Perth's new sports stadium will cost more than A$862M ($806M) to build, and "more than half of it will be funded by the taxpayer," according to Emily Moulton of PERTH NOW. The final cost for the five-tiered facility was revealed as Western Australia Premier Colin Barnett and Sports Minister Terry Waldron "unveiled the official design." Barnett said that "all issues" relating to the stadium "had been resolved and that the contract with Brookfield's WestStadium would be signed within days" (PERTH NOW, 7/17). WA TODAY reported details of the design have been revealed, "and cup holders and better toilets are just part of the plan." The stadium's features will "include LED lights to show home team colours by night and more than 70 food and beverage options." About 85% of the 60,000 seats in the stadium will be "undercover and all seats will have cup holders." It will have a "halo" style roof and the toilet facilities are "expected to be an improvement on those currently at Patersons Stadium." Opposition spokesman Ken Travers said that Barnett was "dazzling taxpayers with pretty pictures to distract them from the real cost of the stadium." Barnett said that the government "would finance the project like a mortgage to relieve the burden on the state's current community." Of the total cost, 60% "will be paid for up front with the remaining amount, including maintenance costs, financed over 25 years." Travers said that "the Premier hadn't fully disclosed the real cost of the stadium." Travers: "What we need to know is what the interest rate on that 40 percent that we're borrowing through this private arrangement is, because that will tell us the real price" (WA TODAY, 7/17).
DESIGN LAUDED: ARCHITECTURE AND DESIGN's Nathan Johnson reported the project will be developed by Westadium, a "consortium led by Brookfield Financial and John Laing." Westadium spokesperson John Flecker emphasized the design's "seating bowl, lightweight fabric roof and tech-heavy facilities as key features." Flecker: "The new Perth Stadium seating bowl will deliver unrivalled sightlines" (ARCHITECTURE AND DESIGN, 7/17). ABC reported Barnett said "the cost of the stadium and the surrounding sports precinct" would be about A$860M, but "that figure does not include" a A$16M ($15M) project management fee. Barnett said that the stadium "will be lit up in the colours of the teams playing on the day" (ABC, 7/17).
Barcelona "will become the first city with a theme park dedicated to sports," according to Cristina Navarro of MARCA. It will be located at the Barcelona Olympic Stadium and is scheduled to open in July '15. The park is expected to attract 7,000 visitors per day and will include areas to play football and basketball, among other sports. Technology "will be featured in each area, from being able to virtually run alongside Usain Bolt to football games controlled by technology." Visitors will pay an entry fee of €28 ($38) (MARCA, 7/17).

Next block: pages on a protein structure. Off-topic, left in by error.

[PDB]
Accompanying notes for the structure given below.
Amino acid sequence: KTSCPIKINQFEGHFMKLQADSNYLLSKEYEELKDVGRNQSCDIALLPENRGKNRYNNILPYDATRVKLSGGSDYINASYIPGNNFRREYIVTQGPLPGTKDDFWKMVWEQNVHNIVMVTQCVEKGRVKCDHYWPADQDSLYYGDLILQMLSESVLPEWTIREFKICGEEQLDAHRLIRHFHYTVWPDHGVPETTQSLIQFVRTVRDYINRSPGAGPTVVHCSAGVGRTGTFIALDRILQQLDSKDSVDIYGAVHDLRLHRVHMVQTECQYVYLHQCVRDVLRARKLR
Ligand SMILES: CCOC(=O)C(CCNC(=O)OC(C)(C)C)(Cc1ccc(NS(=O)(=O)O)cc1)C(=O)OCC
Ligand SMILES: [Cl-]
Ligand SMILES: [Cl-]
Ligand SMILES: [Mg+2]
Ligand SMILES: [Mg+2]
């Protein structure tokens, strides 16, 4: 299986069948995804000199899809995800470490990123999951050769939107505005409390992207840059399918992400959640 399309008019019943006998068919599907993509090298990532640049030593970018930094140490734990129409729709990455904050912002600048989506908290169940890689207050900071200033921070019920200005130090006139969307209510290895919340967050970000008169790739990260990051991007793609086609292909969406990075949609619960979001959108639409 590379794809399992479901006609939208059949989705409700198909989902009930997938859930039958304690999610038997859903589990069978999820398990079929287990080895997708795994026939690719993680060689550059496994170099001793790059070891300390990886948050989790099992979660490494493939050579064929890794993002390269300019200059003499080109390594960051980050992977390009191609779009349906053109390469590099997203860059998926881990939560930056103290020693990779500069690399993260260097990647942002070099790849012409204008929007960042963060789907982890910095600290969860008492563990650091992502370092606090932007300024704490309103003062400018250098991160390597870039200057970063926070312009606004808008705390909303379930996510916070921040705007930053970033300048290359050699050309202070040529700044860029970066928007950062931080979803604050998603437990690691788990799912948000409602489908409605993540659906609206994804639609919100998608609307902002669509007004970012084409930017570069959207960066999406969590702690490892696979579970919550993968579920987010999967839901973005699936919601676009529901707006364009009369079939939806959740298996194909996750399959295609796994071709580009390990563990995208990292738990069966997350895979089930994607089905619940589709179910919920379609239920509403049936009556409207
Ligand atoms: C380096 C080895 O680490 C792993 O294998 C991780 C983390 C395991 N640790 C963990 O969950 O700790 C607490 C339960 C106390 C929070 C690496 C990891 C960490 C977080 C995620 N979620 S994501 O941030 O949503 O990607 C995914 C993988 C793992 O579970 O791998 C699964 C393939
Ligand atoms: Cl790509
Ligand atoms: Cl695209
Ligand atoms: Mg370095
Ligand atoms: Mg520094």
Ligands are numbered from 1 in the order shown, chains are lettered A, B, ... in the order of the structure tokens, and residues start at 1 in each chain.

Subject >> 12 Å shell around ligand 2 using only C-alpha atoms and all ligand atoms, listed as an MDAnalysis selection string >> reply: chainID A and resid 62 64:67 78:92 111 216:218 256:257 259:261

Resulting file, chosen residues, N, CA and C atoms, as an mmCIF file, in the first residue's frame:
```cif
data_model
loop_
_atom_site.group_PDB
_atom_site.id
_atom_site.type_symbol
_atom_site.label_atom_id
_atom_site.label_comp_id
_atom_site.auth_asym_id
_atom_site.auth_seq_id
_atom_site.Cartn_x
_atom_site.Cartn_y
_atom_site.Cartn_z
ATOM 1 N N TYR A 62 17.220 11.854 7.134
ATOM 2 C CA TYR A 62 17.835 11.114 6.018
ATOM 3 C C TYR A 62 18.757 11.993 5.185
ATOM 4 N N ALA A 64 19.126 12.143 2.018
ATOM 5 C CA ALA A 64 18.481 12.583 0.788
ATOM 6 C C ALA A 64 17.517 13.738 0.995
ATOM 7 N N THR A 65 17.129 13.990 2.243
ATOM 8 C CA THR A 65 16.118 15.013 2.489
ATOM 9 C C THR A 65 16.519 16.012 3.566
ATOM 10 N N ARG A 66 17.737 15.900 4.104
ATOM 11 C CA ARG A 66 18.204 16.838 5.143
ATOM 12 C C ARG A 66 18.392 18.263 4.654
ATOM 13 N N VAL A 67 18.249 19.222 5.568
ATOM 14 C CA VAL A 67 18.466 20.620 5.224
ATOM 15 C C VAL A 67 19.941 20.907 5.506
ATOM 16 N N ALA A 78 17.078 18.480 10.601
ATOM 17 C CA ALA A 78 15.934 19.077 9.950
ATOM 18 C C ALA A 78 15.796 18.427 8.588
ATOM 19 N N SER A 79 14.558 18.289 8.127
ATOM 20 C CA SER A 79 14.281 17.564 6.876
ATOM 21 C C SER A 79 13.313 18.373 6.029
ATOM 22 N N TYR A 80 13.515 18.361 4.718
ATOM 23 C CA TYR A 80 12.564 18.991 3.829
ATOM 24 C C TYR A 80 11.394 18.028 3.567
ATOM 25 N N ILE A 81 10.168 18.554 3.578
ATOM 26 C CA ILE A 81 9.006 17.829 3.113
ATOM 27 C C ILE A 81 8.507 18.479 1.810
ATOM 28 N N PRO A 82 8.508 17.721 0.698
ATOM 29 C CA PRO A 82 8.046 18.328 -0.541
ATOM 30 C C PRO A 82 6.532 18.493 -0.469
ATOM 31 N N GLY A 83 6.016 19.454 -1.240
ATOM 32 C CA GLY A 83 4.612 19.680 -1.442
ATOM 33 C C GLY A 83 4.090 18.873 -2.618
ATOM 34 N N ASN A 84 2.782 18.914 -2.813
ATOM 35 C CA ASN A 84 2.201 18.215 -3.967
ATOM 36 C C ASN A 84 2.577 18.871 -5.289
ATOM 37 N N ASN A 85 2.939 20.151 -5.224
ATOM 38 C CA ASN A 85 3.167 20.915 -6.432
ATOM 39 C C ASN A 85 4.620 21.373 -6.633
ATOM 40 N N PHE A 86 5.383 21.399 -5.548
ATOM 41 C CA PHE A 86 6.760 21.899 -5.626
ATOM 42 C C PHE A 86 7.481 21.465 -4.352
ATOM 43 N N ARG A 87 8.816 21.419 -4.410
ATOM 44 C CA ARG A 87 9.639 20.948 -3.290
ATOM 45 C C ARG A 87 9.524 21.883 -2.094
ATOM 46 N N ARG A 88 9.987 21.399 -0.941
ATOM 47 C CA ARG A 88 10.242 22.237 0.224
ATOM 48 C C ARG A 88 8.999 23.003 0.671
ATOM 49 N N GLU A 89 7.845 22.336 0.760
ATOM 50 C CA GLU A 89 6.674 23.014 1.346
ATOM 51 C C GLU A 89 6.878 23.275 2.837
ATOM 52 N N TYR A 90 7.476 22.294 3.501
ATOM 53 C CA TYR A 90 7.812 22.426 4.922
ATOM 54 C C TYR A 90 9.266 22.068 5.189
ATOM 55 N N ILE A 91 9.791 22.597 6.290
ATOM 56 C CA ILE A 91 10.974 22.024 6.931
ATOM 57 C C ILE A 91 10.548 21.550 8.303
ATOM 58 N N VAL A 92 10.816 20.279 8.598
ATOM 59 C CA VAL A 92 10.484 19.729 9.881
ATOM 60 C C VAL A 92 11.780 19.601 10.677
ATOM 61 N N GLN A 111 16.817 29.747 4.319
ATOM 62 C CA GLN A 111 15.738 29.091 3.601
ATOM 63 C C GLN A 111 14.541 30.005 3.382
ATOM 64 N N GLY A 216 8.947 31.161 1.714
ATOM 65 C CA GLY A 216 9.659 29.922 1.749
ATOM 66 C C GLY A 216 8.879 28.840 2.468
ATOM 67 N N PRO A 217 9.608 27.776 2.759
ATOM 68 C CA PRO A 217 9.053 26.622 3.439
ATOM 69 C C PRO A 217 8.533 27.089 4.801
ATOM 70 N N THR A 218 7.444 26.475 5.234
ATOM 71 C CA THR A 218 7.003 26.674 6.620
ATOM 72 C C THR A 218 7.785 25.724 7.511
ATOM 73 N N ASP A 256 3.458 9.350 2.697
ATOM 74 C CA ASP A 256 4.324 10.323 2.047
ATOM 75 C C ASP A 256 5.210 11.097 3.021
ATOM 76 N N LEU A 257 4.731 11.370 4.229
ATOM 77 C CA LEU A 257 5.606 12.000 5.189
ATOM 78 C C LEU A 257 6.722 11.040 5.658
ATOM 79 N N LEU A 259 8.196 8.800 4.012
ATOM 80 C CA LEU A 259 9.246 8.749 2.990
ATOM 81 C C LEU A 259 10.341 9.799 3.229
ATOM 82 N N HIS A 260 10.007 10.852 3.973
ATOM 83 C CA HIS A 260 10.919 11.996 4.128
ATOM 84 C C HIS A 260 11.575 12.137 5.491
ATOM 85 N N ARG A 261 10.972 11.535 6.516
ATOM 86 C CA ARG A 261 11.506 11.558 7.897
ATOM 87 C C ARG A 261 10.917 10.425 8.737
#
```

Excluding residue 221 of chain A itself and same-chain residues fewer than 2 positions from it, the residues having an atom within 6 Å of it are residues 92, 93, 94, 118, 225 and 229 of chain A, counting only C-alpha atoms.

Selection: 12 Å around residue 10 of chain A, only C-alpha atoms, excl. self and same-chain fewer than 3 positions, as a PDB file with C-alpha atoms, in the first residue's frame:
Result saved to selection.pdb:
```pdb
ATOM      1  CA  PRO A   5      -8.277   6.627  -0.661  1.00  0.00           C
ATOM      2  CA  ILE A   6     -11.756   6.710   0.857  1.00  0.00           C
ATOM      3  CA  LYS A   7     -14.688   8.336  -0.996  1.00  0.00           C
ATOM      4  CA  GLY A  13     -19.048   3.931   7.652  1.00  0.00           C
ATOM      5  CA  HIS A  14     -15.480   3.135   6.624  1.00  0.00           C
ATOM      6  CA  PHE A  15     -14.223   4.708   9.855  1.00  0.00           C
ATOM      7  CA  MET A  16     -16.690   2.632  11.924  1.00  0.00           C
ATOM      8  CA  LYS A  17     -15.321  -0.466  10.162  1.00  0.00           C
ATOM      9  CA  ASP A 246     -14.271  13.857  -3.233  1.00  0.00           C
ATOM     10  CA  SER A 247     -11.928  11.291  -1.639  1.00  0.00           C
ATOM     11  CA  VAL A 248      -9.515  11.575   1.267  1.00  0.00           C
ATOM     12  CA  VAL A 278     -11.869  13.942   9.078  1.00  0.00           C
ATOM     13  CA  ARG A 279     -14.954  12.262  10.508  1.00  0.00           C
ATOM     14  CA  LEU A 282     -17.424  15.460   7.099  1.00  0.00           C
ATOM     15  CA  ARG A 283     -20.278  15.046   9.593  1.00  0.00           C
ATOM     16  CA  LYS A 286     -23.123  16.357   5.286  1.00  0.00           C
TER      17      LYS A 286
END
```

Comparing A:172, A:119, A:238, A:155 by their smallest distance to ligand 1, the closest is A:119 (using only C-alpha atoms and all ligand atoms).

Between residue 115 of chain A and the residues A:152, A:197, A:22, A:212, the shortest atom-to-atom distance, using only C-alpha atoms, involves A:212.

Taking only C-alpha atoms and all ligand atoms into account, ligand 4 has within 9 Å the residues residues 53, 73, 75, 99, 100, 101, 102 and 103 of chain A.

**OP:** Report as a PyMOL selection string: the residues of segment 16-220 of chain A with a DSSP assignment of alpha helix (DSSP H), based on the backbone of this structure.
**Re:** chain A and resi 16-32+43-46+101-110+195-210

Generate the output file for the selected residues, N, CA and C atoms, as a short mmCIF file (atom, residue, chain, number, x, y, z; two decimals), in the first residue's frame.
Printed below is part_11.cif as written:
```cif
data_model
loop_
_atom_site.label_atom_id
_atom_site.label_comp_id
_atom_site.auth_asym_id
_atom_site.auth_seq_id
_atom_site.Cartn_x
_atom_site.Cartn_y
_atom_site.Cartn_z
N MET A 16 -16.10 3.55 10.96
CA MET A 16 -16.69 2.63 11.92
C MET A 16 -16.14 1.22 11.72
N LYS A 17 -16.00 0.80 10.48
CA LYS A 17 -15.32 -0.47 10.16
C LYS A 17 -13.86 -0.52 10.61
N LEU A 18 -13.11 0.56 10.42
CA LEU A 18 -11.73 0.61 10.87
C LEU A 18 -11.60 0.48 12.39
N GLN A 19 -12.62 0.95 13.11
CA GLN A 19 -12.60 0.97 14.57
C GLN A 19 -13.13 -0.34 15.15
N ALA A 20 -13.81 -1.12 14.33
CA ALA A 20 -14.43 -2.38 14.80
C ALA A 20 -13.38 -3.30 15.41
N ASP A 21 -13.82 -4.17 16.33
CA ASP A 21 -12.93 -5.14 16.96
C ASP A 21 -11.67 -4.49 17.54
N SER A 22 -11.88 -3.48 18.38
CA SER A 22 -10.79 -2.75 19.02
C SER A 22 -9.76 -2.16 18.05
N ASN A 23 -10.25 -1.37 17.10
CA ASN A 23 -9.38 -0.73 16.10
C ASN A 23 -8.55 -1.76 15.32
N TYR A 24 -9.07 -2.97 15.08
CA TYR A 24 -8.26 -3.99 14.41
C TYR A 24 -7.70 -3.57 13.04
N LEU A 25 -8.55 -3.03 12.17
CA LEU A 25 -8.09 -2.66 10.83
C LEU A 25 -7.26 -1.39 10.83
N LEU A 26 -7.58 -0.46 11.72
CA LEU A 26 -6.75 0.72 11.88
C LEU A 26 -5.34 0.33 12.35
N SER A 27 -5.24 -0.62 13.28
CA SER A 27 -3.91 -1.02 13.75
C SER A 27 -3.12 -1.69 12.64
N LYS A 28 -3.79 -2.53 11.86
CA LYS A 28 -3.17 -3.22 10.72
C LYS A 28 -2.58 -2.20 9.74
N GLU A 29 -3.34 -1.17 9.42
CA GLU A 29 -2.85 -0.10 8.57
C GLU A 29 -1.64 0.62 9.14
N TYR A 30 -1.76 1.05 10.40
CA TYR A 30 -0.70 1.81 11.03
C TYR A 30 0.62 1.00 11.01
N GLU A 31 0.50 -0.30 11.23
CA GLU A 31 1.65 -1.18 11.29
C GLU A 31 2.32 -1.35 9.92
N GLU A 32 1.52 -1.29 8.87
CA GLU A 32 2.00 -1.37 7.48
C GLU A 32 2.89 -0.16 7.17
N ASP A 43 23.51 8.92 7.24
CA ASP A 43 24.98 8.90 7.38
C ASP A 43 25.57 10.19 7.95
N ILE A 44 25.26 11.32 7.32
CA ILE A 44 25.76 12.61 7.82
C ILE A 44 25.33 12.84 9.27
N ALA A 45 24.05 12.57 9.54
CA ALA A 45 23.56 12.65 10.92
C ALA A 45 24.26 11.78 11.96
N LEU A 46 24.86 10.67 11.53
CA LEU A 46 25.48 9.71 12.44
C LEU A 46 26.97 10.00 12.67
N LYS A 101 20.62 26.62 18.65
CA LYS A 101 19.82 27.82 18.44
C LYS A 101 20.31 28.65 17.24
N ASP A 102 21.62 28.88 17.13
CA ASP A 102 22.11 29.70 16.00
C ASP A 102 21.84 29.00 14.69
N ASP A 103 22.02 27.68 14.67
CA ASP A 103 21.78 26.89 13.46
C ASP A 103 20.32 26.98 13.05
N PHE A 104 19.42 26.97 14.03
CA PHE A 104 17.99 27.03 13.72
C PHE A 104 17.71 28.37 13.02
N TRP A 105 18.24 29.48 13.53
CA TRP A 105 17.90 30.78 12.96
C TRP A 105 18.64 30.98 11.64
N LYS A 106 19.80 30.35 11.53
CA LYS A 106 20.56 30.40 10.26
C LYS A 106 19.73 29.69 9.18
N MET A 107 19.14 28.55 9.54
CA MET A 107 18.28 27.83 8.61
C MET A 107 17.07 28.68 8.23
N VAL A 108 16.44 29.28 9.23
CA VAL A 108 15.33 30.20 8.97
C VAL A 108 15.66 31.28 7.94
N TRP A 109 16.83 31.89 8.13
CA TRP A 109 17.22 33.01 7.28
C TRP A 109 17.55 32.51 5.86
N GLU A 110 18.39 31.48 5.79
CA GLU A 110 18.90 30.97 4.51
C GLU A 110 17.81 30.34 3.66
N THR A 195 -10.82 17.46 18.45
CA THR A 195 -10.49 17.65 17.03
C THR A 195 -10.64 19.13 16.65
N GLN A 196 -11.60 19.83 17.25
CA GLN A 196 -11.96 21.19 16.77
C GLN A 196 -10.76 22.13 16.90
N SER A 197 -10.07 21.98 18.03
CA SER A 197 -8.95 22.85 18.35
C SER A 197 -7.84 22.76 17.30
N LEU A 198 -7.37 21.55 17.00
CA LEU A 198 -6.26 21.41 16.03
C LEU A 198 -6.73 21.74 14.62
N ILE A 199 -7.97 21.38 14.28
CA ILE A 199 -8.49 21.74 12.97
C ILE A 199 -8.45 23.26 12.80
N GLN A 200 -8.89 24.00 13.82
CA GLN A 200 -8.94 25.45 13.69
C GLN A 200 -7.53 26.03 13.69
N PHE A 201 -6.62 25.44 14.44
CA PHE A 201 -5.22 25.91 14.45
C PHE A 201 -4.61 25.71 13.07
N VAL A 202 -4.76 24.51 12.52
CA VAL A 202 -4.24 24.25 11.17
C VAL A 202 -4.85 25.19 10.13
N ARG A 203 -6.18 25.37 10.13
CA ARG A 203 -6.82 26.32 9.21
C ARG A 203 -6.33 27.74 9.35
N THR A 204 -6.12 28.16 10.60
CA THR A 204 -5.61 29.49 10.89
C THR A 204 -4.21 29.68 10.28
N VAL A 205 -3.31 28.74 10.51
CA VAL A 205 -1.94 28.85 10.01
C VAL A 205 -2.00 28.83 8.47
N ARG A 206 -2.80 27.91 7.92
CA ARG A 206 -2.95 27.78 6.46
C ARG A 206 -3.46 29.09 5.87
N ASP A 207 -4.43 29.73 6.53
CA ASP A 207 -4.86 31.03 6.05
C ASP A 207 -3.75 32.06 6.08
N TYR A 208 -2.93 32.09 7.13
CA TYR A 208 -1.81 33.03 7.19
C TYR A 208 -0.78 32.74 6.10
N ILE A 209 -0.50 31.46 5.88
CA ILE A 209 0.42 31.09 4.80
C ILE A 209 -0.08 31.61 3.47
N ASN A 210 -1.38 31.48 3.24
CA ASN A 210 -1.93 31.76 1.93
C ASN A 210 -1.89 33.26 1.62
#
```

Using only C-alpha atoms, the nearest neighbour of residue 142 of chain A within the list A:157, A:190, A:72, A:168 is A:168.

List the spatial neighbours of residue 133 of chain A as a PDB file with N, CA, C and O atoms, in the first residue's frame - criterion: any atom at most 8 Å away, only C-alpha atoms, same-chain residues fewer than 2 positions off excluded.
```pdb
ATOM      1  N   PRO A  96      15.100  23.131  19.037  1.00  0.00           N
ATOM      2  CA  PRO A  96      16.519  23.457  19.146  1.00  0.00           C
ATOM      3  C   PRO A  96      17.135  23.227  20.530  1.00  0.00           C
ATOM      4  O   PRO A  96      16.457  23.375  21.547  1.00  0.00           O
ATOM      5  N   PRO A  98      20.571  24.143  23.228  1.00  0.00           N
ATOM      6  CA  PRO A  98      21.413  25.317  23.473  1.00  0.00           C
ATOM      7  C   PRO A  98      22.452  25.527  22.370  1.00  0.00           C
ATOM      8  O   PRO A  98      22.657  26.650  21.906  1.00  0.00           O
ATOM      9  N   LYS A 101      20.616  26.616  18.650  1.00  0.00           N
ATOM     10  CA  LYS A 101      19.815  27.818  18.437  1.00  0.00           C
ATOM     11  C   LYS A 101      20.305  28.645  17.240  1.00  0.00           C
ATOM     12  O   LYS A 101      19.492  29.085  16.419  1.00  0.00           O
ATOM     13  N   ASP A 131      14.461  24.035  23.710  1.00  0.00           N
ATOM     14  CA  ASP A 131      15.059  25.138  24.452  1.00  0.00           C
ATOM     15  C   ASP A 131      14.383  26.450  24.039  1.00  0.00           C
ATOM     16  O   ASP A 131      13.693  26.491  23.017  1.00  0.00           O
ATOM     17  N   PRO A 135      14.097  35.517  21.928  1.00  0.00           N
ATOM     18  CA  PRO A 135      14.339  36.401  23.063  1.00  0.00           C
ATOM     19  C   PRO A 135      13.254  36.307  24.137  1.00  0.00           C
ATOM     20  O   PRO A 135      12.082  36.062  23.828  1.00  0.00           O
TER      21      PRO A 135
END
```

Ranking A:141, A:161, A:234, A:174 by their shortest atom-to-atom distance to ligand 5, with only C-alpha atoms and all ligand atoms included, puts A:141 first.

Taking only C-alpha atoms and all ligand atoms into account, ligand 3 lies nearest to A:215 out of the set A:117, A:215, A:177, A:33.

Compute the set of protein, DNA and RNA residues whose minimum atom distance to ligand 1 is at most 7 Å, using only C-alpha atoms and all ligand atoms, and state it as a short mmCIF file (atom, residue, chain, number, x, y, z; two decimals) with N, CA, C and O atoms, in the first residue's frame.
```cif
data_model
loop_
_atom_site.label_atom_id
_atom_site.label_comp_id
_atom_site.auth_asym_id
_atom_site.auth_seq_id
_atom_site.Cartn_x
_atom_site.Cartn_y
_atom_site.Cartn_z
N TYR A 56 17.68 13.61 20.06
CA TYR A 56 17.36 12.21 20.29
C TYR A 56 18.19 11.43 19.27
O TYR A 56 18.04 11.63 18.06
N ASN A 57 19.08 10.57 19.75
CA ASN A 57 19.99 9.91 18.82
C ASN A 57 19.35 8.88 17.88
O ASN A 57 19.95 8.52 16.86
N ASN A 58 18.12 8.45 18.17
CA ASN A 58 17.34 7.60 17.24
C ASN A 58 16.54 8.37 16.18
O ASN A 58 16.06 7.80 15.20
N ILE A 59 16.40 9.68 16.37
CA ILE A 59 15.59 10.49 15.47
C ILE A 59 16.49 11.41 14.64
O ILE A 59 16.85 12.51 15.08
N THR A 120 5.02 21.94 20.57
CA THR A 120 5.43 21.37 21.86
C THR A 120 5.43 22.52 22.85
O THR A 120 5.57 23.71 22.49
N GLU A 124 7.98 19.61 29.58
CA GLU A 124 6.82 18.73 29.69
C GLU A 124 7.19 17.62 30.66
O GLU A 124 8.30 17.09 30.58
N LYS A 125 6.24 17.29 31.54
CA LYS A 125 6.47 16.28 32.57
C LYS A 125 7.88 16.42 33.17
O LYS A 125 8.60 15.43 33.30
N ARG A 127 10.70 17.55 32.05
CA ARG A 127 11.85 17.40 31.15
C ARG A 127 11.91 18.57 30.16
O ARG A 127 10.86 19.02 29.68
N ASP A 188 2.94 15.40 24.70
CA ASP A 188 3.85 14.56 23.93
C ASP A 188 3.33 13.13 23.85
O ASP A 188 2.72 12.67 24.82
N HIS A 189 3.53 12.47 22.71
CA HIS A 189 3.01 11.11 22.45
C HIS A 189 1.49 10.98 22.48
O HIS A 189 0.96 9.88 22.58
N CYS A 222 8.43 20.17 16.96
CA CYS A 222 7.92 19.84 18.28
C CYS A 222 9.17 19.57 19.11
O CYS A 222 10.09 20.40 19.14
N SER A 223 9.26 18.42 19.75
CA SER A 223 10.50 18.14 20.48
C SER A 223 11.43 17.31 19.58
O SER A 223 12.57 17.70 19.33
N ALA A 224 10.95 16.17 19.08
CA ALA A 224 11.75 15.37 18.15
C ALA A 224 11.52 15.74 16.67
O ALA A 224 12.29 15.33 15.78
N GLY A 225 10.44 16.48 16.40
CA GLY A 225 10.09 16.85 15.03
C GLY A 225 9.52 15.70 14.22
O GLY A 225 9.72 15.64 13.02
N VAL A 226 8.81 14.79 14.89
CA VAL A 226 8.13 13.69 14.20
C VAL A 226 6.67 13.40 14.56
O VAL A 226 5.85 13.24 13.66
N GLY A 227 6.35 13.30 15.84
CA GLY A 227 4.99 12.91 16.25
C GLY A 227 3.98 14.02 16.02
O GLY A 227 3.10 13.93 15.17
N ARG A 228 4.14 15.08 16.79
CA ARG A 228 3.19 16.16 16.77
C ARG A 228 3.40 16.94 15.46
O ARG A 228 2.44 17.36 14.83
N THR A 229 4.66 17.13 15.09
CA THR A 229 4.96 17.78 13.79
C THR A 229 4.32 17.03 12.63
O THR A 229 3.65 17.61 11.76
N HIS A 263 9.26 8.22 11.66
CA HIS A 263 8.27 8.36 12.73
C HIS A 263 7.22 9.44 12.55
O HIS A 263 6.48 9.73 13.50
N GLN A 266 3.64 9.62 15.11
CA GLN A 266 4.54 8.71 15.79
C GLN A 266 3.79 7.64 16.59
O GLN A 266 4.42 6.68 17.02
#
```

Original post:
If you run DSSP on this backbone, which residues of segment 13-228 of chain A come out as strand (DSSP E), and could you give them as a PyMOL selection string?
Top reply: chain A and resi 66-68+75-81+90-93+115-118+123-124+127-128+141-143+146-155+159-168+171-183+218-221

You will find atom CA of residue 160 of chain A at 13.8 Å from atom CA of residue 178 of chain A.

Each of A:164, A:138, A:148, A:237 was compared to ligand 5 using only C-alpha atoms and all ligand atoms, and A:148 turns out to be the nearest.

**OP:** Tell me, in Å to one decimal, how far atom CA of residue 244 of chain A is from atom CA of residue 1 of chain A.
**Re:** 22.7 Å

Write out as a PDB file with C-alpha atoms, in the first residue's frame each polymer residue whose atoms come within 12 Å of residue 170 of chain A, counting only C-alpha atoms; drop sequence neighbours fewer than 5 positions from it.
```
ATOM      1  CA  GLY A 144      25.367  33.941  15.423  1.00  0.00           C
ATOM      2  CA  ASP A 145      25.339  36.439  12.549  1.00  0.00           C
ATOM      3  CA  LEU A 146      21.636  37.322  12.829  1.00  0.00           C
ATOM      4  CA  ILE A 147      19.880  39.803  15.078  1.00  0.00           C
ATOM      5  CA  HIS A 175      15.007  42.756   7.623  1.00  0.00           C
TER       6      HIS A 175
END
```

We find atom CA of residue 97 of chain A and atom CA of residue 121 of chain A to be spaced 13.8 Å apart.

Hong Kong Premier League side Sun Pegasus fears Mong Kok Stadium "will be reduced to a 'potato field' when more pressure is put on it after the Hong Kong Stadium closes for renovation," according to Chan Kin-wa of the SOUTH CHINA MORNING POST.
The Premier League side, along with champions Kitchee, "will be based at the 6,600-seat Mong Kok facility for the new professional league to kick off in September." But Pegasus Team Dir Chan Chi-hong "is already concerned about the pitch." Chan: "We have already seen how poor the pitch at Mong Kok was approaching the end of last season and if more matches are to be held there in the new season, it will create a big problem." While South China "will have to finish all their home matches at Hong Kong Stadium before March, their cup fixtures in the second half of the season as well as the regional AFC Cup matches are likely to be moved to the Mong Kok ground due to its popularity among the fans." Although the Mong Kok facility "underwent a major facelift before reopening in 2011, the turf was not touched during the two-year renovation" (SCMP, 7/16).
If it "had not been for a change of government at last year's federal election," the official opening of Super Rugby side ACT Brumbies' new home on the University of Canberra campus "would also have been the turning of the first sod" for a proposed A$25M ($23.4M) multisport complex on Thursday as well.
But UC vice-Chancellor Stephen Parker was confident the opening "would attract enough interest for stage two of the sporting commons project to go ahead." The proposed stadium "includes nine courts, which could be used for basketball, netball, futsal and volleyball, including one show court with roll-in, roll-out seating for 3,000 people" (CANBERRA TIMES, 7/17). ... Authorities of three Russian cities have launched "recheck of their existing and prospective stadiums for 2018 FIFA World Cup after the football association hinted it may cut the number of arenas." The double check of the construction projects "will be held in Volgograd in southern Russia" (XINHUA, 7/16).